PHOENIX (Reuters) - The top official at a Phoenix veterans hospital was placed on indefinite leave on Thursday while regulators probe whistleblowers’ claims that delayed care may have led to the deaths of as many as 40 veterans, the head of U.S. veterans affairs said.
Secretary of Veterans Affairs Eric Shinseki said in a statement that Director Sharon Helman was put on administrative leave “until further notice” pending a “thorough” review by the agency’s inspector general’s office.
Also put on leave were associate director Lance Robinson and a third individual whose name and position were not disclosed, the Department of Veterans Affairs said.
“It is important to allow an independent, objective review to proceed,” Shinseki said. “These allegations, if true, are absolutely unacceptable and if the inspector general’s investigation substantiates these claims, swift and appropriate action will be taken.”
Helman and Robinson could not be reached for comment.
Allegations into problems at the busy central Phoenix hospital have surfaced in recent weeks, with claims that as many as 40 veterans may have died while waiting for medical appointments at the facility.
The Arizona Republic, which has investigated complaints of delayed care at the Phoenix VA Health Care System, reported earlier this month that U.S. Representative Jeff Miller, chairman of the House Committee on Veterans Affairs, had disclosed at a committee meeting that up to 40 veterans might have died due to delayed care at the busy facility.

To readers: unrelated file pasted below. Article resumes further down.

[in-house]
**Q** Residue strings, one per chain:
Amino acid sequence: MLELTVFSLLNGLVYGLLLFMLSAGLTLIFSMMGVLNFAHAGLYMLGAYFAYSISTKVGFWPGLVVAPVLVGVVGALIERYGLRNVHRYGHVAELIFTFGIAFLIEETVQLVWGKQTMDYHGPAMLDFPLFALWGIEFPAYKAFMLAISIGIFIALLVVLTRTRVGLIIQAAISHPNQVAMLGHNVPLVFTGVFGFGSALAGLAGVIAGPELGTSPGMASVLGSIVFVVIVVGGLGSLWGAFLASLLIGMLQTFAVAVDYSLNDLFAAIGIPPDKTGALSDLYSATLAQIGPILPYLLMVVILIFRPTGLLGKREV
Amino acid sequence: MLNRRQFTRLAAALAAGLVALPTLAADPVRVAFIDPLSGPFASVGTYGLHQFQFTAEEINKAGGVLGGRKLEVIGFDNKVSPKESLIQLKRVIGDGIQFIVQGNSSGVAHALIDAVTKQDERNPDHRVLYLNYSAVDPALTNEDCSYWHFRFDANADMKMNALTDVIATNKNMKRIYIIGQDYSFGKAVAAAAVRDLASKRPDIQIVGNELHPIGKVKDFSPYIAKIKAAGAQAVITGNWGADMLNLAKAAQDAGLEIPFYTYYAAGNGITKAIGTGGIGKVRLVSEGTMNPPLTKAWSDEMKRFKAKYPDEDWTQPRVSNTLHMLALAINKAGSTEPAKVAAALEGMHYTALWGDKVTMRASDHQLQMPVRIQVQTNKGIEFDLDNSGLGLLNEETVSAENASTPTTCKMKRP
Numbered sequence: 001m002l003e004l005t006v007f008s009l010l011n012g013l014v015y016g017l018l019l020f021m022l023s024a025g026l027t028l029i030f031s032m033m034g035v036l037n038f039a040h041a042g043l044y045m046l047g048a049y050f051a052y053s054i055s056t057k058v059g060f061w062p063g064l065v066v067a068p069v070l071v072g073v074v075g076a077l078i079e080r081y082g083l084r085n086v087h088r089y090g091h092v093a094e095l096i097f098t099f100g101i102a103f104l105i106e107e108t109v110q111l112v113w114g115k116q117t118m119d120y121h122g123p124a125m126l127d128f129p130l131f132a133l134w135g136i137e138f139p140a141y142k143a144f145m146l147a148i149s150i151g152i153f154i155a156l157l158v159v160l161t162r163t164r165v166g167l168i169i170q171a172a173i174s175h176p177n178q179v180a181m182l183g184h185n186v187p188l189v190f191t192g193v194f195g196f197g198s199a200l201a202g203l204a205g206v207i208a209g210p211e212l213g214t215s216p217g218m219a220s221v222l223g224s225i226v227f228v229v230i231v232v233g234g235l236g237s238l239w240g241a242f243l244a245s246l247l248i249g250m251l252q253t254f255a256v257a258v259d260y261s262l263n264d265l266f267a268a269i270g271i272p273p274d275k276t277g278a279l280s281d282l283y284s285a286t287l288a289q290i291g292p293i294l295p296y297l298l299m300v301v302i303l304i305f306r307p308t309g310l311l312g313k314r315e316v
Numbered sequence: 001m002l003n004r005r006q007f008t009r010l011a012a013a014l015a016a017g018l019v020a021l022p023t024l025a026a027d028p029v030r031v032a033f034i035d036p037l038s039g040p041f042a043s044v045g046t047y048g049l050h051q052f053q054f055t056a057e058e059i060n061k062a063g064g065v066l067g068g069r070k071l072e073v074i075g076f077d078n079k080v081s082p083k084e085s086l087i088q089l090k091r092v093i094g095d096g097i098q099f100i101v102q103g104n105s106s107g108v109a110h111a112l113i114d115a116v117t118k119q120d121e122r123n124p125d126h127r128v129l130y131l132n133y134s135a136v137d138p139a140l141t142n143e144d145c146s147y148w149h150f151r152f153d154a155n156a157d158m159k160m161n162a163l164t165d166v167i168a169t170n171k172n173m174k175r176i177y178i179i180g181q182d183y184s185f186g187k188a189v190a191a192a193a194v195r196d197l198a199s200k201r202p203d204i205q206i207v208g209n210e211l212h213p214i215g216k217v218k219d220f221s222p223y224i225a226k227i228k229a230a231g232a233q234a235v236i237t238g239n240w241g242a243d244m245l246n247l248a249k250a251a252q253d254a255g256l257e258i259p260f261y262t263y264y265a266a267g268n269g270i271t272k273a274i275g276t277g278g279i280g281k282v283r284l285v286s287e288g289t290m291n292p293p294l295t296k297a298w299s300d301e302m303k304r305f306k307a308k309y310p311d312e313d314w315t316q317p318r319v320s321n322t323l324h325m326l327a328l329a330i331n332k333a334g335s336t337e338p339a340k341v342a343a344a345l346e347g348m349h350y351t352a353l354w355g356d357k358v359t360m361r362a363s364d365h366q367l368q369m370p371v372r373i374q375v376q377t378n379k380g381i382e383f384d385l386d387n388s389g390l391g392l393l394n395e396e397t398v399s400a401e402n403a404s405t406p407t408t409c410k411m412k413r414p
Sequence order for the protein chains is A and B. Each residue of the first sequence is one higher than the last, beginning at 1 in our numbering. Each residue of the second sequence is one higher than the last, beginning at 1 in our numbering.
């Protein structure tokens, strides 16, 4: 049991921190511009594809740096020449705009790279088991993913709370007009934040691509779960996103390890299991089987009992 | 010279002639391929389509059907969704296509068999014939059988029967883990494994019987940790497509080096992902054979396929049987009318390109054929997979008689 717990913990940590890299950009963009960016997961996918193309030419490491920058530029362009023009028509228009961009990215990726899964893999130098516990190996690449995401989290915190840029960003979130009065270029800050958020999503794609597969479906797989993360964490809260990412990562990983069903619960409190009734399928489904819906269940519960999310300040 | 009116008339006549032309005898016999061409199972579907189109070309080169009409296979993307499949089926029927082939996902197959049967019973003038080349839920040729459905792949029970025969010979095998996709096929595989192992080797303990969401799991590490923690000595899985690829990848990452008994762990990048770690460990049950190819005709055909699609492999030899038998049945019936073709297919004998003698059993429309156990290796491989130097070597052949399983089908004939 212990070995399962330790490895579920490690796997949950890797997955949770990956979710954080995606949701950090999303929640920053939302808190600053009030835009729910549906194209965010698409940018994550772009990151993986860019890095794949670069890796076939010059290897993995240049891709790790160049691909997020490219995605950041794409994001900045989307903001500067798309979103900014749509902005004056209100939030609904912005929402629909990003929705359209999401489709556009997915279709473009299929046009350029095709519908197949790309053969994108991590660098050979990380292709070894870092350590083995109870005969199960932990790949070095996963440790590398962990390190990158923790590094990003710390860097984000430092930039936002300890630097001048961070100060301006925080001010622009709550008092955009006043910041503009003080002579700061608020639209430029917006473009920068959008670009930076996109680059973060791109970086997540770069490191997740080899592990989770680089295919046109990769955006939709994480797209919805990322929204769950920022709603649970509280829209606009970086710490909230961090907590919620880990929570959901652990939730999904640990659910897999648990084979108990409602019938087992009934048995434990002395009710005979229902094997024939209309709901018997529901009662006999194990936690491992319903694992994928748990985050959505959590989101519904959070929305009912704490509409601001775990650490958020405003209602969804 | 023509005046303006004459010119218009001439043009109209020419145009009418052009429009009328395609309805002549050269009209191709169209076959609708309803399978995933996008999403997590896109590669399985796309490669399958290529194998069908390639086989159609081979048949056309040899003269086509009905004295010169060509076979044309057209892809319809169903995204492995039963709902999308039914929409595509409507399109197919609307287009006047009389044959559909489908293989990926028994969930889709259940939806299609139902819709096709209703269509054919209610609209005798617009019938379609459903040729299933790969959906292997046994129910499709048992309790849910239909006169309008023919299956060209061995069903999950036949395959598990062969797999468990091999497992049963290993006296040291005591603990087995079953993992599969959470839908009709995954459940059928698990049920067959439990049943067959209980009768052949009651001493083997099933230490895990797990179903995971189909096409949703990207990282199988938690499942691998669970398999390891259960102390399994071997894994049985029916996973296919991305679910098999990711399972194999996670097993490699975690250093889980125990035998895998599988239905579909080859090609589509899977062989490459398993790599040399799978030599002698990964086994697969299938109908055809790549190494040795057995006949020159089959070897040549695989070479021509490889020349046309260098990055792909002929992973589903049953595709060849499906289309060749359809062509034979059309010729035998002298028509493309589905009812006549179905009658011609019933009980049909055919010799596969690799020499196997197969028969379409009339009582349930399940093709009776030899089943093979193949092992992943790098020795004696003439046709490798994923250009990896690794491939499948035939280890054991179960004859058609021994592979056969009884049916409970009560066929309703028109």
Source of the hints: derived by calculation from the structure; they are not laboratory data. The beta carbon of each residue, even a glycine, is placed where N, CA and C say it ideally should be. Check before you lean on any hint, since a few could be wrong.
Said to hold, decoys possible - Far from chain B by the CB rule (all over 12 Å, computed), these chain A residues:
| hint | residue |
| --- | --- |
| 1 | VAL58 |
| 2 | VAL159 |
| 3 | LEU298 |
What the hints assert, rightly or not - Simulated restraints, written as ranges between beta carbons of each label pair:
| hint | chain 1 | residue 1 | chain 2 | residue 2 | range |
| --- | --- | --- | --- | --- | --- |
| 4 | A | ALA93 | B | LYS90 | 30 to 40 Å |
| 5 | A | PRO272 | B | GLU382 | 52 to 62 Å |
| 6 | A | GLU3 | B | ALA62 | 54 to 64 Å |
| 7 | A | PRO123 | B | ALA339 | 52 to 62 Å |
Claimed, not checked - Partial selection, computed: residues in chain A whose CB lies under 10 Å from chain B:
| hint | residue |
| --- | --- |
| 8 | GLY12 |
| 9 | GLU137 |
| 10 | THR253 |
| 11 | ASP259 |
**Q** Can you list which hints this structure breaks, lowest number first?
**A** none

Miller has asked the Department of Veterans Affairs to issue a preservation order to safeguard all documents at the Phoenix facility to allow his committee and the VA inspector general to fully investigate the matter.
Whistleblowers, including retired physician Sam Foote, also allege there was a secret list kept to mask the delayed care.
“The scheme was deliberately put in place to avoid the VA’s own internal rules,” Foote told CNN this week. “They developed the secret waiting list.”
Shinseki said he takes the allegations very seriously. He gave no timetable for when the investigation would be completed.
Three Arizona congressmen this week called for Helman and top hospital administrators to resign in the face of the allegations. The state’s two U.S. senators also have been vocal about potential problems at the facility.
Arizona Senator John McCain, a military veteran and the state’s senior senator, said in a message on Twitter that the hospital’s move was “appropriate.”
Editing by Alex Dobuzinskis; Editing by Richard Chang and Ken Wills